My grandparents were Finnish immigrants who settled in Nashwauk, Minnesota which is in the northern part of the state.  There they lived with their son, my father, Ray. I grew up visiting my grandparents in Nashwauk and by that time, it had become more of an economically depressed area as the mining industry was no longer operational.  But for me it was such a magical place.

It was more than just my grandparent’s home.  It was the sweet smell of the air there that seemed different than other places.  It was a small town that allowed ample space to spread out, dream big dreams and explore. It was the family grocery store across the street that had endless candy behind the counter. It was 4th of July festivals and root beer stands. It was saunas with biscuit and coffee afterward. It was raspberry bushes that turned into sauces and pies and jams. It was being safe and loved by grandparents who played with us and kept a full cookie jar.  It was home.

My grandfather passed away in 1977 and years later in 1991 my grandmother died as well. And suddenly Nashwauk seemed like it might be gone for me. Perhaps it was time to say goodbye. I took my father up one last time in the 1990s. By then he had become ill himself with cancer.  I drove him up there and together we visited the friends who felt like an extension of us.  Together we drank in the feelings of the town.  Breathed deeply in the sweet-smelling air. And then said goodbye not realizing for him it would be his final trip. Perhaps it was my last trip as well.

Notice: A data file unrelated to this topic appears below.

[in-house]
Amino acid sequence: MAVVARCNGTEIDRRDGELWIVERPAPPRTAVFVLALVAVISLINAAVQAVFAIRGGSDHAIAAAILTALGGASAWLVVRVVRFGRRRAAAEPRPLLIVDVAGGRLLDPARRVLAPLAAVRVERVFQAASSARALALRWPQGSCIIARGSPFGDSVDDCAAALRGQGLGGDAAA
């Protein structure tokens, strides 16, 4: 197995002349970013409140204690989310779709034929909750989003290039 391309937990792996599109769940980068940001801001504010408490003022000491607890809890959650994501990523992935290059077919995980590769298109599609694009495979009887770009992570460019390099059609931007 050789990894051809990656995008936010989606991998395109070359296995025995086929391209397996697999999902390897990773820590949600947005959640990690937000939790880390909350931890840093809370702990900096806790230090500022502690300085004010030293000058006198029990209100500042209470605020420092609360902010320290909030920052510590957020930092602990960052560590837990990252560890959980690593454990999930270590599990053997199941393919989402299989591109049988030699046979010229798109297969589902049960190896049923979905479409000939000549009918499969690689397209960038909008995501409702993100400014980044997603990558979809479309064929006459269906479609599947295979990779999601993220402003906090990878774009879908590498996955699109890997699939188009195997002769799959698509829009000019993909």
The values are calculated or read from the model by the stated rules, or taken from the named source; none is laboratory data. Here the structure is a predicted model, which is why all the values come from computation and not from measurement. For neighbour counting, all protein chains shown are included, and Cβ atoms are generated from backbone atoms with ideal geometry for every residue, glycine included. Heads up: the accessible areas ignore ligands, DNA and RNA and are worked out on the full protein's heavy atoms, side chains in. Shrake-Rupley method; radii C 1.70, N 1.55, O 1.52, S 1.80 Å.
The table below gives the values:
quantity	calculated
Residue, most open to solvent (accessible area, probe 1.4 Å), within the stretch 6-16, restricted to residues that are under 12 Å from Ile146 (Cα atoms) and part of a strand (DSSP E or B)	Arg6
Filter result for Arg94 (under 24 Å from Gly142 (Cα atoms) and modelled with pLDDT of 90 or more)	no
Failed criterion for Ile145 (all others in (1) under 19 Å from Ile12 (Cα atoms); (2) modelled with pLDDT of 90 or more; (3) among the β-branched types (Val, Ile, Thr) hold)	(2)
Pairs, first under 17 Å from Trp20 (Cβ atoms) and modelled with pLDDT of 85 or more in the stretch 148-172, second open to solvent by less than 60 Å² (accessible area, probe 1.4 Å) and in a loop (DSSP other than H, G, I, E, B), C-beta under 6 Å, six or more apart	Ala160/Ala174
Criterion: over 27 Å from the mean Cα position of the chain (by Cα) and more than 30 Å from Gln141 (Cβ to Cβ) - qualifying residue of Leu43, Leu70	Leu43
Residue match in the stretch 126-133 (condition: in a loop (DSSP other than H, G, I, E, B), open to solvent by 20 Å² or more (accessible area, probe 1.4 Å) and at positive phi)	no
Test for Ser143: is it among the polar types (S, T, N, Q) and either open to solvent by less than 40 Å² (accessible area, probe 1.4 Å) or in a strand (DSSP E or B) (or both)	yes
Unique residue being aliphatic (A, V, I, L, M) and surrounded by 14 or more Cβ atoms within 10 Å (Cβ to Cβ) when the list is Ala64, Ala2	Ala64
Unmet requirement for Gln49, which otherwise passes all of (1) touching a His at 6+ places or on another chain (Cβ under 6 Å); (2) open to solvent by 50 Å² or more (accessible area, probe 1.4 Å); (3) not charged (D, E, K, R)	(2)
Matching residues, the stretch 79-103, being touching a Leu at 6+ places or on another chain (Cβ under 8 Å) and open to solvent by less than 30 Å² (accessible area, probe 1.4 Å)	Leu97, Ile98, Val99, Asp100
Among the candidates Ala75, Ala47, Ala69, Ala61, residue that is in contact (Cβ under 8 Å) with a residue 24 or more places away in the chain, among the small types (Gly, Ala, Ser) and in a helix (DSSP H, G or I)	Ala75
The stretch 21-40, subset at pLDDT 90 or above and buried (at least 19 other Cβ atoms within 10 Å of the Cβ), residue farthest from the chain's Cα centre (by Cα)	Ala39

But lately, my soul has been talking to me about Nashwauk. Urging me to visit.  Scattering memories into the forefront of my mind.  Beckoning me along.  And finally, I listened. I have planned a trip back to a place that I know will not fully exist as I remember it, but just the same is still part of me.

I found a forgotten list I had made at the beginning of the year where I had written “visit Nashwauk”. It had been on my mind for quite some time and I had added it to the list of hopes for the new year.  When I finally said “yes” to the longing of my soul, and began to plan my trip, I felt relief.  I looked at places to stay and was surprised by the happy tears that came into my eyes.  I better understood that all too often we put off doing the very things we long to do.  Our life’s longings are put on hold for the endless rounds of tomorrows that we are certain will come.  It is important to become mindful of what makes this life worth living for ourselves and just start doing them.

I messaged my grandparent’s church and asked if there were still services going on.  I shared my story with the church staff and wondered if they had known my family. A woman wrote me back with a picture of my grandparents from over 40 years ago that had been in the church directory.  She said her mother has been the organist for the past 50 years and still is today. She said she would try and see if her family could come when I am there and join me for the service. My heart felt the warmth of home that transcends time and death. A warmth that bridges the past into the home of the present.

I am really not sure what I will see or how I will feel once I get to Nashwauk. I know what I hope to see. I know there will be some disappointments of things no longer there. But I know there is something calling me there.  I can’t shake the feeling of joy.  I feel that saying yes to my soul, I am saying yes to the Creator. Whatever is pulling me there will be a gift I can carry forward.

Nashwauk is one of my many homes.  I know things there will have changed.  But there is enough of me still there and enough of Nashwauk that I carry in my heart.  And I will sing in my grandparent’s church next to new friends who I have discovered share my story. Fredrich Schiller says “what the inner voice says will not disappoint the hoping soul”.  And listening to my inner voice leads me to my home in Northern Minnesota.